According to the FBI, the Internet Crime Complaint Center saw a 480 percent increase in the number of complaints filed last year by those in the real estate industry. Most of these complaints were related to wire fraud, a scam becoming more common in the real estate industry. This past June, news broke that a real estate phishing scam cost a New York State Supreme Court judge over $1 million.

ERA Real Estate CEO Sue Yannaconne sat down with Inside Counsel to discuss why wire fraud is a growing trend in the real estate industry. She said it’s hard to predict exactly why wire fraud is growing, but, aside from the profit related to the crime, one reason might be that more people are reporting the hacks.

“Over the last several years, we’ve heard much more about cybercrime in the media and our awareness has heightened, meaning victims could be more likely to report than they were in the past. What we know for sure is that wire fraud in real estate is on the rise–by a whole lot,” she explained.

In fact, earlier this month, the FBI told the Washington Post that in 2017, cyber criminals stole or attempted to steal almost $1 billion from real estate purchase transactions. That figure is up from $19 million in 2016, which makes wire fraud the fastest growing real estate cybercrime in the U.S.

“As with any other target for cyber criminals, if there is an opportunity to profit, the criminals will come. That said, there are likely three reasons real estate is attractive to cyber criminals,” Yannaconne said. “One, because of the diversity of targets. Second, because they prey on unknowing home buyers who don’t know how to spot a scam, and three, because of the amounts involved–it is not uncommon for buyers to wire transfers for hundreds of thousands of dollars.”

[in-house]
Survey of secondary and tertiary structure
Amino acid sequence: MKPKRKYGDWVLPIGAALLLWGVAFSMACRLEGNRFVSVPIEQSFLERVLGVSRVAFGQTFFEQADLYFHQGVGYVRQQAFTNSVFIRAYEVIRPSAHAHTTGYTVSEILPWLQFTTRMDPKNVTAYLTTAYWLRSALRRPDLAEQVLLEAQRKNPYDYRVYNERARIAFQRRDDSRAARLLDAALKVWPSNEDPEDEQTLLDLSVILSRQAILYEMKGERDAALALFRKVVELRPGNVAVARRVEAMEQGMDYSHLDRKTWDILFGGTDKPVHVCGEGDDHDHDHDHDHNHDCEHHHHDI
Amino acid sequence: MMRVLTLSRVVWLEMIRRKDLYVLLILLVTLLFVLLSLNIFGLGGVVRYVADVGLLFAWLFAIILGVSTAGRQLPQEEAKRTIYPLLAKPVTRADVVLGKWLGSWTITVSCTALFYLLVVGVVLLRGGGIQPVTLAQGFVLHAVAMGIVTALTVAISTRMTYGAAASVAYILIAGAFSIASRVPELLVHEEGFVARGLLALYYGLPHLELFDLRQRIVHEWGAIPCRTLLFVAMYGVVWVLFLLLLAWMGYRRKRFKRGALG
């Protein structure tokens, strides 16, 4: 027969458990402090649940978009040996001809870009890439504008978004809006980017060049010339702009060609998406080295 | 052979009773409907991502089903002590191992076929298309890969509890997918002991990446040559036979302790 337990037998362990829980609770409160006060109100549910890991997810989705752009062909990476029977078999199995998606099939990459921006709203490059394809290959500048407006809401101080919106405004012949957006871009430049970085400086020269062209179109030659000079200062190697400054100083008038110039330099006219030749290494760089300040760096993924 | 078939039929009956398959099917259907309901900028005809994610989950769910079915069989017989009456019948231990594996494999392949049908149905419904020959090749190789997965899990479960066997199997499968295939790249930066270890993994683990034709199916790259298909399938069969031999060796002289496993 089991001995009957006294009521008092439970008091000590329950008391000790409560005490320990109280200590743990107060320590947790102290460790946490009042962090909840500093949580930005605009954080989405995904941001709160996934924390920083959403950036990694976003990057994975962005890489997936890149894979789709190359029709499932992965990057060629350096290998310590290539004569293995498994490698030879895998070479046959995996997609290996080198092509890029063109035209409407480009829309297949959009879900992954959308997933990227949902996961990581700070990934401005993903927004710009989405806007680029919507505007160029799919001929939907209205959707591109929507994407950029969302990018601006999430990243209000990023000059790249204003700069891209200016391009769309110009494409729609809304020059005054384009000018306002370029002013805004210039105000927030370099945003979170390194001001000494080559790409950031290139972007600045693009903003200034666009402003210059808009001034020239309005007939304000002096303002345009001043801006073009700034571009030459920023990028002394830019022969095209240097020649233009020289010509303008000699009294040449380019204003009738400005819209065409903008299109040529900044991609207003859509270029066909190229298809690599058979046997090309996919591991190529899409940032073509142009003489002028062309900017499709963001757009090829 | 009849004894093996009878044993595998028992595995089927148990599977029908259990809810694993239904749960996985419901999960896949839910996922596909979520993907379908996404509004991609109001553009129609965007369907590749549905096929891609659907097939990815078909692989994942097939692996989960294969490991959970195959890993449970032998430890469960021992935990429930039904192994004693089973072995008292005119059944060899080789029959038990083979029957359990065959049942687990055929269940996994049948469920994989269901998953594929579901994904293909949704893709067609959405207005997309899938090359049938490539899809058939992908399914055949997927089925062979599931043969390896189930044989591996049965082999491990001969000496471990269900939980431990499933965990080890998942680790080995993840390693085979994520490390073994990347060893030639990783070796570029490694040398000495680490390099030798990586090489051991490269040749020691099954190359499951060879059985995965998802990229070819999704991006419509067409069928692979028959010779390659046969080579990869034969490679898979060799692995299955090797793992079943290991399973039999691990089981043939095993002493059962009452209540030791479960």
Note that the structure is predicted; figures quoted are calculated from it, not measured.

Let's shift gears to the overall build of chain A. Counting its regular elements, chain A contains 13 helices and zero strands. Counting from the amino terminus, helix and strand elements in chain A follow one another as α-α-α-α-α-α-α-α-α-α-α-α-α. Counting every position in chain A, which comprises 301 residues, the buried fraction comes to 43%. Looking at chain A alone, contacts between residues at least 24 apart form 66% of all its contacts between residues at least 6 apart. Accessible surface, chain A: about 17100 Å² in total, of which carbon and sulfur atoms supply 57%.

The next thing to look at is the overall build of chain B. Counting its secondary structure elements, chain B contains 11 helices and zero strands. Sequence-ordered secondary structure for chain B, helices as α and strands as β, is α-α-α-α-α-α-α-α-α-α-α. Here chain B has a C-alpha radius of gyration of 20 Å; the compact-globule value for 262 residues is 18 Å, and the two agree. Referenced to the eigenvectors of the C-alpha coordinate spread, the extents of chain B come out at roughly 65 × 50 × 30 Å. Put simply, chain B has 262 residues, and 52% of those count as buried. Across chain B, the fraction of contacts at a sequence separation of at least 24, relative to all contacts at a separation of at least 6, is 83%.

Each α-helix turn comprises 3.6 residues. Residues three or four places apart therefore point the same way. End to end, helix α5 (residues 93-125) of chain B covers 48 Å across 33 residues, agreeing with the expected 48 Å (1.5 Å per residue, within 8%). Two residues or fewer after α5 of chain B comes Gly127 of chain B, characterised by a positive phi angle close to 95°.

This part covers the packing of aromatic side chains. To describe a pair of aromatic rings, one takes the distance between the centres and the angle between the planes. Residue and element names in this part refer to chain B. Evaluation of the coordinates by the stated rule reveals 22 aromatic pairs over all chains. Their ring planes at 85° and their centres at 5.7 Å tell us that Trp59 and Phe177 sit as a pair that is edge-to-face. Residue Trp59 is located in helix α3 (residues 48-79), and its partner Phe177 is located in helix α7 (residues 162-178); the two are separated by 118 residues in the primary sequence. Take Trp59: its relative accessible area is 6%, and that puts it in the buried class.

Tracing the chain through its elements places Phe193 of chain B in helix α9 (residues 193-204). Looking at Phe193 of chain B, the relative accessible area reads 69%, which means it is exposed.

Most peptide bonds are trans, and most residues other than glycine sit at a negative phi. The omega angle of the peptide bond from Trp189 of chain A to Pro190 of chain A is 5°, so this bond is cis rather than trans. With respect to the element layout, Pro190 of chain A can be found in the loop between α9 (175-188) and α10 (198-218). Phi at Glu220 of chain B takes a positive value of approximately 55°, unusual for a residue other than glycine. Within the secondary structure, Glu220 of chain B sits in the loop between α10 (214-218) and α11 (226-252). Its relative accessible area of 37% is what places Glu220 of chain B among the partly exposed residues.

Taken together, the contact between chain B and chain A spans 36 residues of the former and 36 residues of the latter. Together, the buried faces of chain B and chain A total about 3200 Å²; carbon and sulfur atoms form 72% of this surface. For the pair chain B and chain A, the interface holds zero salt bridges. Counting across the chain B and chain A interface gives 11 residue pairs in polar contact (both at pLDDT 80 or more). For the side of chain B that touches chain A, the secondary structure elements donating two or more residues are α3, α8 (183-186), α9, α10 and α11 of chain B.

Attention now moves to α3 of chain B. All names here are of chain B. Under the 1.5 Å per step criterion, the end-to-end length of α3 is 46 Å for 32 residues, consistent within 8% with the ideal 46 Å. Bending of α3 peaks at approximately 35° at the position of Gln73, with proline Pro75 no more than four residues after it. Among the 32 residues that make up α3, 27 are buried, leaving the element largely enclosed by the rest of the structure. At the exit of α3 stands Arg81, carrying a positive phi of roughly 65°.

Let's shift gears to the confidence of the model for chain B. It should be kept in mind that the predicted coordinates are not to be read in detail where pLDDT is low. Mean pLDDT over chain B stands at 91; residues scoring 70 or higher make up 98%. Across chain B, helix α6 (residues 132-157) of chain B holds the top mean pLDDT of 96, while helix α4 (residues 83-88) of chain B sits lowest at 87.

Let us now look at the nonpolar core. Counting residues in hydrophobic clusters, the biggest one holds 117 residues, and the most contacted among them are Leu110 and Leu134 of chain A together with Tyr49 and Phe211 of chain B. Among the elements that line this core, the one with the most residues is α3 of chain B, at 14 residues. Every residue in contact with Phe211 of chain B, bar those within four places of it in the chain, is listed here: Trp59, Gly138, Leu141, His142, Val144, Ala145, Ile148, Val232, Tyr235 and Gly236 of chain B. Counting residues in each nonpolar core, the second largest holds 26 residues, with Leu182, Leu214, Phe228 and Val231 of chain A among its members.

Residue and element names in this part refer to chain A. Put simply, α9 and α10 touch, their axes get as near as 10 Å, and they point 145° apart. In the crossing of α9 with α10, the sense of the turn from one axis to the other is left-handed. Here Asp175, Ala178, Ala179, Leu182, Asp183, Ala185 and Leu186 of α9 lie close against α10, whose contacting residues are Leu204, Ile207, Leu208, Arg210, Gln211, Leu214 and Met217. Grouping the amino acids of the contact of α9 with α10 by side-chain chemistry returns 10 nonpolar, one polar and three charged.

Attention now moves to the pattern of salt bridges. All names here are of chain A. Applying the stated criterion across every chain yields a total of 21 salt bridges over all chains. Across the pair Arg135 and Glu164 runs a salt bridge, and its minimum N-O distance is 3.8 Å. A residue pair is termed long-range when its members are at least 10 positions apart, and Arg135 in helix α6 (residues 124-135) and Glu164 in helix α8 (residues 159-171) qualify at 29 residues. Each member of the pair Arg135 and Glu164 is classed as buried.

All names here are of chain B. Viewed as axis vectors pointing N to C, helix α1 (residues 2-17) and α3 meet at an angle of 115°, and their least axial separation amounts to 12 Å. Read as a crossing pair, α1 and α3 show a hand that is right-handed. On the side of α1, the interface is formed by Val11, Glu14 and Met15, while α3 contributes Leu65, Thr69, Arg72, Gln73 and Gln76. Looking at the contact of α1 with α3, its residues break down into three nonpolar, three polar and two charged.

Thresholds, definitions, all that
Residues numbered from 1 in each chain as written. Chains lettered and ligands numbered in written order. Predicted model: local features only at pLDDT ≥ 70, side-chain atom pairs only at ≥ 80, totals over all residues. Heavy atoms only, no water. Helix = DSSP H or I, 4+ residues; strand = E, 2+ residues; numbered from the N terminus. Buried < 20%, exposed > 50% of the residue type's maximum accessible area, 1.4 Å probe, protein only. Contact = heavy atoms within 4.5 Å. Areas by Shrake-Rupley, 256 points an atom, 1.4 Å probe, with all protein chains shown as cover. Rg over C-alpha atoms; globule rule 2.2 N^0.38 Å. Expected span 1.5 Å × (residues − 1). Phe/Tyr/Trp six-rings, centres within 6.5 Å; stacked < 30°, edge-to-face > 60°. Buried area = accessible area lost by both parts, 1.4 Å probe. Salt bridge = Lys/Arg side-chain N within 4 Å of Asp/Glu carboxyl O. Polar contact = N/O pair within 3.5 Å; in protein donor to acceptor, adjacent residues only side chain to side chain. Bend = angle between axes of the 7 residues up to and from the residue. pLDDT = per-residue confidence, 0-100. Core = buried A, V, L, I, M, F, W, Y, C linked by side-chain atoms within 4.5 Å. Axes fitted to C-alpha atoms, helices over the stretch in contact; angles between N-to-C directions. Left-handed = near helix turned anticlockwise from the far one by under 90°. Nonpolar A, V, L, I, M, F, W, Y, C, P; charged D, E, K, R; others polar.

So how can this be prevented from happening to homeowners, sellers, mortgage brokers and lawyers? Mortgage brokers, lawyers and agents need to consider beefing up their internal security systems and may want to consider cyber insurance, although they’d need to do their due diligence since this form of insurance is relatively new.

According to Yannaconne, homeowners looking to buy can do several things to protect themselves including: Know when you could be targeted and be suspicious and alert as the most vulnerable time is right before a transaction closes and homebuyers prepare to send a wire transfer; be wary of wire transfer emails that change the instructions at the last minute or ask you to click a link or enter a password; scan the email for typos or other small inconsistencies–including the email address sending the instructions; always verify the wire transfer information you received in the email by phone or in person; consider using a cashier’s check instead of a wire transfer; and change your password regularly and avoid emailing about wiring instructions on an unsecured network, like that at a local coffee shop.

There are two victims in every scam: the entity whose email is hacked and the homebuyer whose money is stolen.

“For the email hack victim, a telltale sign is an email asking the recipient to click on a link,” she explained. “For the homebuyer victim, there are several signs that homebuyers should be wary of–last minute emails changing the wire transfer instructions, emails that have errors in either the body language or the email addresses themselves and emails that ask for recipients to enter a password or click on an external link.” Amanda G. Ciccatelli is a Freelance Journalist for Corporate Counsel and InsideCounsel, where she covers intellectual property, legal technology, patent litigation, cybersecurity, innovation, and more.

Amanda G. Ciccatelli is a Freelance Journalist for Corporate Counsel and InsideCounsel, where she covers intellectual property, legal technology, patent litigation, cybersecurity, innovation, and more.